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The Two-Pickup Esquire Wiring

The Two-Pickup Esquire Wiring

The dual-pickup or "Broadcaster blend circuit." Wiring diagram courtesy of Seymour Duncan.

Also called the “Broadcaster blend circuit,” this wiring is the transition circuit between the single-pickup Esquire and the Telecaster with its well-known dual-pickup configuration.

For many months we've been investigating mods for the Fender Esquire. Our journey began in the May 2012 issue with “Fender Esquire Basics." From there we started tinkering with the Esquire's wiring and electronics, and even explored schemes for using humbuckers designed to fit a Tele bridge. In my prior column, we wrapped up a two-part investigation into the “ultra-flexible Esquire wiring" that yields nine switchable sounds from a single pickup.

Now let's conclude our Esquire odyssey by exploring Leo Fender's “two-pickup Esquire circuit," which was also the circuit in the early Broadcaster/Nocaster models. Also called the “Broadcaster blend circuit," this wiring is the transition circuit between the single-pickup Esquire and the Telecaster with its well-known dual-pickup configuration. The original circuit of the two-pickup Esquire/ Broadcaster was only used in 1950 and 1951, and today it's almost forgotten. But it's an important historical circuit and a really cool wiring, so let's bring it back to the light again.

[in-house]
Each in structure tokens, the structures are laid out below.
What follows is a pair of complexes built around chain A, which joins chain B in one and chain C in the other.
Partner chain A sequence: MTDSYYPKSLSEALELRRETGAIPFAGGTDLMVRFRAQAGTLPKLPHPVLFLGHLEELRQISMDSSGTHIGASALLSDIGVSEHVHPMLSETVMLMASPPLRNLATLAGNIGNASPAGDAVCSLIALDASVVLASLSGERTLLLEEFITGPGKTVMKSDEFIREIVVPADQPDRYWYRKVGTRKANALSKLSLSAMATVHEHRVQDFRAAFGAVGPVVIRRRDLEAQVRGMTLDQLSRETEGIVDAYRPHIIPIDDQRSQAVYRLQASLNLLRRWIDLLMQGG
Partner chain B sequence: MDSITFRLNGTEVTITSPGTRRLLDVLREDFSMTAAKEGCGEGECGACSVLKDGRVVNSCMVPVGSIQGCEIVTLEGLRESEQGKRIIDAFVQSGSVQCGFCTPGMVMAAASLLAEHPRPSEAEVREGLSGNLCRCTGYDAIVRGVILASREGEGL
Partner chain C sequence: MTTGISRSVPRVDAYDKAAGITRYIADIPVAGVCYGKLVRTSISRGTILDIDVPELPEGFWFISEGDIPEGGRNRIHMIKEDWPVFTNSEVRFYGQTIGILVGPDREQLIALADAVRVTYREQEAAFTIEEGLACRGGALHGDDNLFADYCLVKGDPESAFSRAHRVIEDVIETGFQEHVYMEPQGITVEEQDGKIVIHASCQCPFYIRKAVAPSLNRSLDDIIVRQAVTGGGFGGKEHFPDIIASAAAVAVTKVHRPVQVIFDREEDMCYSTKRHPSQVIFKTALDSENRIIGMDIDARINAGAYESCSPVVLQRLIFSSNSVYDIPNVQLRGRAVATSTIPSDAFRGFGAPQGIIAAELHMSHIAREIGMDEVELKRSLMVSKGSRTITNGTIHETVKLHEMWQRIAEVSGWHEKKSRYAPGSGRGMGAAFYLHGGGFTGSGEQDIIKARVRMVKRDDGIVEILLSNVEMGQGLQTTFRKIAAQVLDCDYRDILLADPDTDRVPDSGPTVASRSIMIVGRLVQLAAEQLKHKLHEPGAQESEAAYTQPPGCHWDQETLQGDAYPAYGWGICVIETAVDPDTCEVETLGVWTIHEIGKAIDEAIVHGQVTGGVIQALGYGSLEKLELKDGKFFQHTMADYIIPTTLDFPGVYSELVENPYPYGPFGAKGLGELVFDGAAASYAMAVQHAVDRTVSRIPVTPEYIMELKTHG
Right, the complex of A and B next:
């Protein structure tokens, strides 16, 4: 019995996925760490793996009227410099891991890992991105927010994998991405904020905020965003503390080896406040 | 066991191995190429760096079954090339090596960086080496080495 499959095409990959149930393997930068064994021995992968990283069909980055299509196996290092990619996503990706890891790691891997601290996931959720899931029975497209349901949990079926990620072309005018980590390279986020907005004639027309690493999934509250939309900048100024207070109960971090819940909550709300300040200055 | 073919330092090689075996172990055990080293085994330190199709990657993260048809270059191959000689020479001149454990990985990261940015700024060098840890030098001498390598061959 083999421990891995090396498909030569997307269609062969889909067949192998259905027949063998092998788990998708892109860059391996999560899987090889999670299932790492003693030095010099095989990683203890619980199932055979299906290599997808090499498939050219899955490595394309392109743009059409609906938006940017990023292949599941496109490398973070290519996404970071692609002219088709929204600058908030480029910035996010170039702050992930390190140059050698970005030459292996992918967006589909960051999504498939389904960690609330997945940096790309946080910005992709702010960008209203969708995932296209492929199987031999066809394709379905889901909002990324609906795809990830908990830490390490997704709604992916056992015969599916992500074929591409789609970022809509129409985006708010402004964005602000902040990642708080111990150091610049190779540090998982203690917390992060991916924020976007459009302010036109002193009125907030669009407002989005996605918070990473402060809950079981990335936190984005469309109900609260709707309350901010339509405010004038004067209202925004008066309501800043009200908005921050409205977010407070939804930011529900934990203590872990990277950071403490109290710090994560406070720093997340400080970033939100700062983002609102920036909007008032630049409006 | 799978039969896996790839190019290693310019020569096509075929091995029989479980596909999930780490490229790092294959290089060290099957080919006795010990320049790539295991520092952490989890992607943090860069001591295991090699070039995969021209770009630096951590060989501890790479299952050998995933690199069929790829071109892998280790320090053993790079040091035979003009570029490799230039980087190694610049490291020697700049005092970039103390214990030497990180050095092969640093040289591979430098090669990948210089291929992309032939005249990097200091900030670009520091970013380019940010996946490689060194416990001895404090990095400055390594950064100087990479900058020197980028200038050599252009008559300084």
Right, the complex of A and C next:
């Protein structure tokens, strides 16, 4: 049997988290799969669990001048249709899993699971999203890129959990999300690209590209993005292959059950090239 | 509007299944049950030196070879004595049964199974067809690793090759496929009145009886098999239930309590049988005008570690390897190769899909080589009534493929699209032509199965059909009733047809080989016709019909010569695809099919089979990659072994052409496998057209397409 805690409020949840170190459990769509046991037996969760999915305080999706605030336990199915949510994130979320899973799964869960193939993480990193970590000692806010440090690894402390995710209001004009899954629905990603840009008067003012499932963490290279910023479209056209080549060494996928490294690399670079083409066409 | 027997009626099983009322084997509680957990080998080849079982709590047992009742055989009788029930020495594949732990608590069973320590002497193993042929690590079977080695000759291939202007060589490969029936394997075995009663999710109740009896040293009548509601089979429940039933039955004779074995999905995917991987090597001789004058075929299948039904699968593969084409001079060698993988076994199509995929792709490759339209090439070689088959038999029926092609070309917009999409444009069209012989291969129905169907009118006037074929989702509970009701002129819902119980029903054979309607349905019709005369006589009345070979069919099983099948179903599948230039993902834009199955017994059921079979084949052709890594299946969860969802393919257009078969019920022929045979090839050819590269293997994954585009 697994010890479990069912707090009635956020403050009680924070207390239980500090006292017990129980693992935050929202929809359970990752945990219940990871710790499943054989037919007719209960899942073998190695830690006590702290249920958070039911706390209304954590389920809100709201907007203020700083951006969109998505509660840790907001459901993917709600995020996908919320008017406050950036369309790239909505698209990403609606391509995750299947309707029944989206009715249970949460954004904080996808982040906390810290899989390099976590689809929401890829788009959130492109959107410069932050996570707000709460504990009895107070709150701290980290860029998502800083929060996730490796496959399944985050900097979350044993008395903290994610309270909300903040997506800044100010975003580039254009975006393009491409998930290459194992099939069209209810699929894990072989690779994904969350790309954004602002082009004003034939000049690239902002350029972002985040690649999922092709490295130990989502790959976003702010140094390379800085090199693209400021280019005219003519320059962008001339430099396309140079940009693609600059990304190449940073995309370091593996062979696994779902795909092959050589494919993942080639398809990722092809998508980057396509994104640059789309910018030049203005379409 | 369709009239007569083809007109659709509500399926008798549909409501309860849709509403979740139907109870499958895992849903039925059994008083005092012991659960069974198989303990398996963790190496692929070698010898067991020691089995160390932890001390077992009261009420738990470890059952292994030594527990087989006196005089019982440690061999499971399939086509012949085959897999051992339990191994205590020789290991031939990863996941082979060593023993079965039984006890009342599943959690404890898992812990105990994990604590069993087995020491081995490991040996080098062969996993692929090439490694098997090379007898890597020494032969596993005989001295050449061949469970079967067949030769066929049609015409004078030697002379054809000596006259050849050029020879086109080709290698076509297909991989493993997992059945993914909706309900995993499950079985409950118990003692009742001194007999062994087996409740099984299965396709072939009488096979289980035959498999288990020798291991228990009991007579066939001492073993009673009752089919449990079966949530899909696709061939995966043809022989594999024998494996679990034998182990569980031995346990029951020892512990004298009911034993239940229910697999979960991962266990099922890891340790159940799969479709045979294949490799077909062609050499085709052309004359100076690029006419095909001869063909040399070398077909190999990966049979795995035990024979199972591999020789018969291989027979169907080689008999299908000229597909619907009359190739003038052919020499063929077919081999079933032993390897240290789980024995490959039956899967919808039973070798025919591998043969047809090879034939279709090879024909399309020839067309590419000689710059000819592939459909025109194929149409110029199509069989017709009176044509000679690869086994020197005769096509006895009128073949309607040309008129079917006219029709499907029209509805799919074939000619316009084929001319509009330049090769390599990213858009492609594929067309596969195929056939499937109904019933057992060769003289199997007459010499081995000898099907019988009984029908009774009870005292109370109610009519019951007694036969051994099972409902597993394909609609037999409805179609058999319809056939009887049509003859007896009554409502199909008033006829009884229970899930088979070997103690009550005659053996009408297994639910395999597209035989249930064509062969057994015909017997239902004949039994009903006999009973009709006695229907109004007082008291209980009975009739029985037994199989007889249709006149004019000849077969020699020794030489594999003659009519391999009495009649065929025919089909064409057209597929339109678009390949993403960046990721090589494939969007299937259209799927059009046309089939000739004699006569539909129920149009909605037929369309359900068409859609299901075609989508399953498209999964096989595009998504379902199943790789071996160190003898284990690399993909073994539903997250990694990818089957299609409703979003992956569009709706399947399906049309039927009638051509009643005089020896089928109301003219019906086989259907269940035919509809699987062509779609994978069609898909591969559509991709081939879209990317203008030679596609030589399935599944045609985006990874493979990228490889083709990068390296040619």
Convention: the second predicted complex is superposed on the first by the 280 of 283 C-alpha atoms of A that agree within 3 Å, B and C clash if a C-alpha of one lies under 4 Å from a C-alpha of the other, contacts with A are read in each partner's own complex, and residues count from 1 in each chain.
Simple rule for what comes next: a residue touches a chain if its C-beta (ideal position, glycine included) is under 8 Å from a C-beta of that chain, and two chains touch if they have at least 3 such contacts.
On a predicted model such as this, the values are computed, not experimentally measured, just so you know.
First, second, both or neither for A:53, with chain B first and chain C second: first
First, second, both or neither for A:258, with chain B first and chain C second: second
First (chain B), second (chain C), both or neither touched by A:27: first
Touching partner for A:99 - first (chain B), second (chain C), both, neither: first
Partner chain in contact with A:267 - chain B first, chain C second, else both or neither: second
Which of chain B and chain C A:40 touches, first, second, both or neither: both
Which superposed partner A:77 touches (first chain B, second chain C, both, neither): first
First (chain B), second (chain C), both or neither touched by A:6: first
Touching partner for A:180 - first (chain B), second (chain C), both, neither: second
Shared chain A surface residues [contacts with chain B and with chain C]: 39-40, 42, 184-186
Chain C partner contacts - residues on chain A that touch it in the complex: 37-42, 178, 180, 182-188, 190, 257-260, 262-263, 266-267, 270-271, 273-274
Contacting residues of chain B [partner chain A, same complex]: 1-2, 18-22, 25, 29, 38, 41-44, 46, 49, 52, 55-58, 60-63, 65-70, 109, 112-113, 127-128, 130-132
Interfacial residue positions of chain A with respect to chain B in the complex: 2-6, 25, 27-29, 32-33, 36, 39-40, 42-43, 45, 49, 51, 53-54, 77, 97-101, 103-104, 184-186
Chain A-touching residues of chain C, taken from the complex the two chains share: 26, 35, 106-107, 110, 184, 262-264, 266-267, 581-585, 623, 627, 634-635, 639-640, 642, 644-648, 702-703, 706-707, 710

Some background: Based on the success of Leo's single-pickup Esquire, it seemed logical to develop a model with two pickups. In the early '50s, “more is better" was an omnipresent part of the urban lifestyle. Other guitar companies already offered dual-pickup guitars, so Fender's sales manager Don Randall essentially forced Leo to come up with his own two-pickup model.

Leo began by borrowing the bridge pickup and circuit from his early lap-steel guitars, modifying them slightly to work in a two-pickup Esquire. With two pickups and a standard 3-way pickup selector switch, this circuit yields the following combinations:

• Bridge pickup with blend option engaged to allow the neck pickup to be added with no tone control.
• Neck pickup alone with the blend option disabled and no tone control.
• Neck pickup alone with 0.05 μF tone cap engaged and blend option disabled.

This seems like a strange wiring, but it's more versatile than it looks and it's part of the original Broadcaster sound. Leo also used a slightly modified bridge pickup from his lap steels, and these Broadcaster pickups differ significantly from the Telecaster bridge pickups we know today. They are louder and rawer with more punch, guts, and midrange, but they still remain snappy and twangy. If you're looking for this original tone, you can buy faithful recreations—just search online for “Broadcaster" and “Nocaster" pickups. Some makers offer another great choice for vintage tone: Fender steel-inspired pickups shaped like a Telecaster bridge pickup.

This transitional circuit consists of:

• Two 250k Ω pots, originally from the Stackpole company. One is a master volume, the other a blend control.
• A 3-way pickup selector switch, originally a CRL with the 1452 imprint.